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As hospitals around the nation are beginning to screen their job applicants for nicotine, the Hospital of the University of Pennsylvania has taken a stand against the practice.

Geisinger Health System’s hospital in Danville, Pa. announced Dec. 30 that they will begin screening for nicotine, in addition to illegal substances that include marijuana and cocaine.

They will only hire non-smokers to their payroll. If an applicant qualifies but tests positive for nicotine, then they will be deferred for six months to give them the chance to quit smoking. This initiative is intended to promote a culture of wellness.

Pennsylvania is one of 19 states that allows employers to screen job applicants for signs of smoking.

While HUP considered implementing such a program last February, they ultimately decided against it because they did not see it as an effective strategy.

Director of Penn’s smoking treatment programs Frank Leone said screening out smokers “underestimates the nature of the problem.”

“It’s born of a misconception,” he said. He explained that people tend to see smoking as a lifestyle choice, when it’s actually a disability that affects the smoker’s neurobiology.

He sees the screening as discriminatory and added that since applicants with diabetes and hypertension are not weeded out, it’s not a fair practice.

Leone also said companies tend to test for tobacco to save on insurance premiums, resulting in fewer members of lower socioeconomic groups receiving jobs and employment.

“I don’t advocate for policies along those lines,” Leone said, referring to the screenings. Instead, he believes that hospitals should encourage employees to quit smoking.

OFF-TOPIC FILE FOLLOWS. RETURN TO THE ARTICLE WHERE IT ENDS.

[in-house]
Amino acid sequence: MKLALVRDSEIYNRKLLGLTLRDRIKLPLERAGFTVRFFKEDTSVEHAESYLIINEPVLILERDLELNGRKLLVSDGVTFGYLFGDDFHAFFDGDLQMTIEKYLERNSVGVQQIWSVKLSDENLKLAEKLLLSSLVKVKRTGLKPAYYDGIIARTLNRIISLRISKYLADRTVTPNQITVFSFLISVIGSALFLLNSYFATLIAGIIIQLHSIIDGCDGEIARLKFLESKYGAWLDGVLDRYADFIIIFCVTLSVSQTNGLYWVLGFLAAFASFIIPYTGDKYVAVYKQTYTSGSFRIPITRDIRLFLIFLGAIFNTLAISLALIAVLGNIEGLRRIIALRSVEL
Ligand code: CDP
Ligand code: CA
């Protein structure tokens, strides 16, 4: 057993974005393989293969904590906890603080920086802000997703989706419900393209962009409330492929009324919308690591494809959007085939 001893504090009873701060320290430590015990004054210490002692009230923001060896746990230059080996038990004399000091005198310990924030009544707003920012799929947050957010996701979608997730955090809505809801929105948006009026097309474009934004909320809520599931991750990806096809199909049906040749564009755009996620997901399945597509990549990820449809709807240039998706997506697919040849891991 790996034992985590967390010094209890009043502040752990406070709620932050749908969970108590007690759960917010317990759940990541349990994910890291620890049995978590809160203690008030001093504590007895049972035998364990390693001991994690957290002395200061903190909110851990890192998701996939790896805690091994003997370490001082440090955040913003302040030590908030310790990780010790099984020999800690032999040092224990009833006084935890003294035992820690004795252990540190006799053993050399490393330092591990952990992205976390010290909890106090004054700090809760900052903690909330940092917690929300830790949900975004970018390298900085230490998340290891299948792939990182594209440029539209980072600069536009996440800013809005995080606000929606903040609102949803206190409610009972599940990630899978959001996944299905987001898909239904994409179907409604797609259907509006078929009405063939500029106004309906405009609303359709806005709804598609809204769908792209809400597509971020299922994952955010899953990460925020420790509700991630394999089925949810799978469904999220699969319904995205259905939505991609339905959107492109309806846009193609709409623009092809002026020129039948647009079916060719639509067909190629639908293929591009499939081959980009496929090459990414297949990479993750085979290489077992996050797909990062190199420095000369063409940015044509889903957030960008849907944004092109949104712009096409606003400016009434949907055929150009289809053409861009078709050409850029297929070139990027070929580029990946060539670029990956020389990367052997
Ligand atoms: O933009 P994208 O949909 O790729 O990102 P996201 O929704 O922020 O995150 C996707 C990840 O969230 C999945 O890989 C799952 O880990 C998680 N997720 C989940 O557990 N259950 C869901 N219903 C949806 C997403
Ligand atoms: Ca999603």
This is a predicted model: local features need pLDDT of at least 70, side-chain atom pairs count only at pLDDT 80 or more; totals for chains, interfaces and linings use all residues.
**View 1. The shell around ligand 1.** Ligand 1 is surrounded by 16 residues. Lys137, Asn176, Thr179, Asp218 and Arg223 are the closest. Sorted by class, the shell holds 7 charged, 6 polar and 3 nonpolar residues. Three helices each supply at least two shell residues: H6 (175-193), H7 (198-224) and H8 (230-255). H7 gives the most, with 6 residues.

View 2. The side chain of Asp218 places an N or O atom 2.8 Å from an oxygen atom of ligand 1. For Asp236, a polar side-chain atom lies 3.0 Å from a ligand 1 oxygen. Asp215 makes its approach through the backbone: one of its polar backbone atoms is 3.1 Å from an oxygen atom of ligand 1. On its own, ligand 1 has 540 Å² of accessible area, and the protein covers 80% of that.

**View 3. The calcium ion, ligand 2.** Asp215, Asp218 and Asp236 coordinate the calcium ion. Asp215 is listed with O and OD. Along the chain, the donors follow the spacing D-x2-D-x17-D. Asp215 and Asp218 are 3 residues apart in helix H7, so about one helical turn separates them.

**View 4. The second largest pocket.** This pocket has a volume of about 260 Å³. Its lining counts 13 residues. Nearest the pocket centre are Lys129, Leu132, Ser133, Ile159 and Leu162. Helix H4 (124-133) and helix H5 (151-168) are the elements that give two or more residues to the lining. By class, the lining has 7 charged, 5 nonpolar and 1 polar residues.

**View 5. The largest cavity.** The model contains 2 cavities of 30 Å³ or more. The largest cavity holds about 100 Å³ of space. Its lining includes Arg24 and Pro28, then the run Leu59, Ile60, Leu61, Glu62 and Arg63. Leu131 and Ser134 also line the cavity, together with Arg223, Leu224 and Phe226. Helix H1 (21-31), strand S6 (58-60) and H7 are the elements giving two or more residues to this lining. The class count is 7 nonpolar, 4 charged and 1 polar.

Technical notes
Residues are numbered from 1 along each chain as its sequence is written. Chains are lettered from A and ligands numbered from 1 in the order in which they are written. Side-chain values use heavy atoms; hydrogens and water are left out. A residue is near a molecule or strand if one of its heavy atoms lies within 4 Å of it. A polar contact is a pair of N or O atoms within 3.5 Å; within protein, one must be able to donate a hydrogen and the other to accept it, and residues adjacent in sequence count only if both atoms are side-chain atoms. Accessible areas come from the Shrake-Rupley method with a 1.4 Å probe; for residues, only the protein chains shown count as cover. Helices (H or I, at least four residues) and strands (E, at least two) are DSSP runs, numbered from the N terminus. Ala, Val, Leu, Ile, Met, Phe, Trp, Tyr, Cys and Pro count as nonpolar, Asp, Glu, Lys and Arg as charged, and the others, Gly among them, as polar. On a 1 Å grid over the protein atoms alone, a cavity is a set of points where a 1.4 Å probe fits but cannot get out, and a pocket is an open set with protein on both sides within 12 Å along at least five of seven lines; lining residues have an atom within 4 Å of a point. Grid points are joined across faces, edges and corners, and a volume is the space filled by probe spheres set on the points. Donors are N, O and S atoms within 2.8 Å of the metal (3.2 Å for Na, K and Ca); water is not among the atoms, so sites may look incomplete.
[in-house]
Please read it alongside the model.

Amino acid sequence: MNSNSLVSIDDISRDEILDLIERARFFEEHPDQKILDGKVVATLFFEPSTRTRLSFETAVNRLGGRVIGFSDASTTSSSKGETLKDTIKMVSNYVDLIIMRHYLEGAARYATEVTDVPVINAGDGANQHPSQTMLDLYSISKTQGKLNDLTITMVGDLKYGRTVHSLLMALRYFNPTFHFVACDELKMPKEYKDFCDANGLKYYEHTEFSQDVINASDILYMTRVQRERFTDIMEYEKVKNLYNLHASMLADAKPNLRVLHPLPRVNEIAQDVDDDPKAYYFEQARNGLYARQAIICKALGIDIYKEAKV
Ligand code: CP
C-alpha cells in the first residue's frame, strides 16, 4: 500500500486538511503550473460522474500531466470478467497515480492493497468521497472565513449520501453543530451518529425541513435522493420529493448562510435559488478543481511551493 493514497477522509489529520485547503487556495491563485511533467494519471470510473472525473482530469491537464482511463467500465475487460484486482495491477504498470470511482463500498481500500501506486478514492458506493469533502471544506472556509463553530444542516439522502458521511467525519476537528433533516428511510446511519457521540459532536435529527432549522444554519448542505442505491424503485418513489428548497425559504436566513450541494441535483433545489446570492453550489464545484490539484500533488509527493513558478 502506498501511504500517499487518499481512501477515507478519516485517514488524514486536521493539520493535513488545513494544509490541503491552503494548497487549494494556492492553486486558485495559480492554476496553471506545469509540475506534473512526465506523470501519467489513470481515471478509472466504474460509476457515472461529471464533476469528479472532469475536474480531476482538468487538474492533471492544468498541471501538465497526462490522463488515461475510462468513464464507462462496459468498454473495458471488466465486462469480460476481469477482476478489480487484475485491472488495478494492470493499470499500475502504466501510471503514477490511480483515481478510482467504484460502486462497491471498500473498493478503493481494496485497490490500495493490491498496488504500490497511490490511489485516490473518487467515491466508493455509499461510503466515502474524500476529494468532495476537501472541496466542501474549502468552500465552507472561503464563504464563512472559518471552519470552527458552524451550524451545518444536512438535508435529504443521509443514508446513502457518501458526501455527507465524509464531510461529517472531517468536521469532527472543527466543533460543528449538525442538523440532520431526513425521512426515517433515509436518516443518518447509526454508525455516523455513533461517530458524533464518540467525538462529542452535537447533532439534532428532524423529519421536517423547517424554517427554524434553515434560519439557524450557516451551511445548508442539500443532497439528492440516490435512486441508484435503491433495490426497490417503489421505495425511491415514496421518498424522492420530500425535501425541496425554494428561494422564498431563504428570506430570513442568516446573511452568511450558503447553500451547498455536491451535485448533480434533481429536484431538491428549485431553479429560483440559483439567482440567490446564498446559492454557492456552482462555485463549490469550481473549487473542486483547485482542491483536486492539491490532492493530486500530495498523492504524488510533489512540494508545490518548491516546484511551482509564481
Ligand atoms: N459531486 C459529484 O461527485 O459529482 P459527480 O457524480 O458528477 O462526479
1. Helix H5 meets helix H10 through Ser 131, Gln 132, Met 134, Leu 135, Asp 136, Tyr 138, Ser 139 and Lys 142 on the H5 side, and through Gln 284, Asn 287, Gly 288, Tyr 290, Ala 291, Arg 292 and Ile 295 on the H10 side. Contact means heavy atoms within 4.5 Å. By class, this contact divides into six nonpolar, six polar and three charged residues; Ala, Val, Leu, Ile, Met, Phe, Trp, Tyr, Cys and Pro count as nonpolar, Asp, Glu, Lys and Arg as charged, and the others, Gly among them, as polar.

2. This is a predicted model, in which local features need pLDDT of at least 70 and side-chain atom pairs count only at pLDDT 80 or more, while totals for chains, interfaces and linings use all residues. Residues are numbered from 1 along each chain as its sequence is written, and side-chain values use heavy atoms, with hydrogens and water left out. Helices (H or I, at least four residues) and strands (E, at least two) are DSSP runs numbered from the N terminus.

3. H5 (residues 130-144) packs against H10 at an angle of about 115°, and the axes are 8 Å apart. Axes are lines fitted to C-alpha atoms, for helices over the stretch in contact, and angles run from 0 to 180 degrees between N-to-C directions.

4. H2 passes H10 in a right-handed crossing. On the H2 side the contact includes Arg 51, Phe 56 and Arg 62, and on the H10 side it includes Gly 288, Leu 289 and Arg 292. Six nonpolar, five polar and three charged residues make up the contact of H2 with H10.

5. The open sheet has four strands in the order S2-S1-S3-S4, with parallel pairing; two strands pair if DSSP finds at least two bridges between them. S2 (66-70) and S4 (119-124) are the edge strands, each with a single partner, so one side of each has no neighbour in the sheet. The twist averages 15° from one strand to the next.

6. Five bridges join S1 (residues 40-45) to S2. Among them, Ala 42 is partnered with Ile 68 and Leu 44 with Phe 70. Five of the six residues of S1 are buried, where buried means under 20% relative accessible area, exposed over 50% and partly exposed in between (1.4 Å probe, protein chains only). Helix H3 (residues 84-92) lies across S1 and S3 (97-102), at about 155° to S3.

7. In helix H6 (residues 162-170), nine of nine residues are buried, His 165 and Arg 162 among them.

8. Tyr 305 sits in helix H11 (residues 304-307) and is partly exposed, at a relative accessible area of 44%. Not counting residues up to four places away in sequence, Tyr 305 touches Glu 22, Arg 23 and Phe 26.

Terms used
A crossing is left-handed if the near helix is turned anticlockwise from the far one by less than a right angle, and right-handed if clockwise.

HUP spokesperson Susan Phillips agreed and explained that HUP tries to incentivize employees who use tobacco products to enroll in cessation programs. The hospital currently offers free programs and support to its employees, and, effective July 1, it will be offering employee health benefit premiums to non-tobacco users.

Geisinger spokesperson Marcy Marshall said their new policy is “a continued commitment to the health of our employees.”

“Smoking is the worst thing you can do to your body,” she added. “We want to encourage our employees and community to be healthy.”

Following in the footsteps of the Cleveland Clinic, which pioneered non-smoking initiatives, the policy is an extension of a rule instituted in 2007 that no one can smoke on the Danville hospital’s property.

Phillips has other misgivings with Geisinger’s approach. She is against nicotine testing because it “has been found not to be a reliable way of identifying smokers,” she wrote in an email.

Furthermore, she doesn’t believe smoking among employees poses a substantial problem for HUP. She said only 10 percent of employees use tobacco — much lower than that of Philadelphia’s overall population.

This article was changed to reflect that HUP will offer a discount on employee health benefit premiums in July, not on health care.

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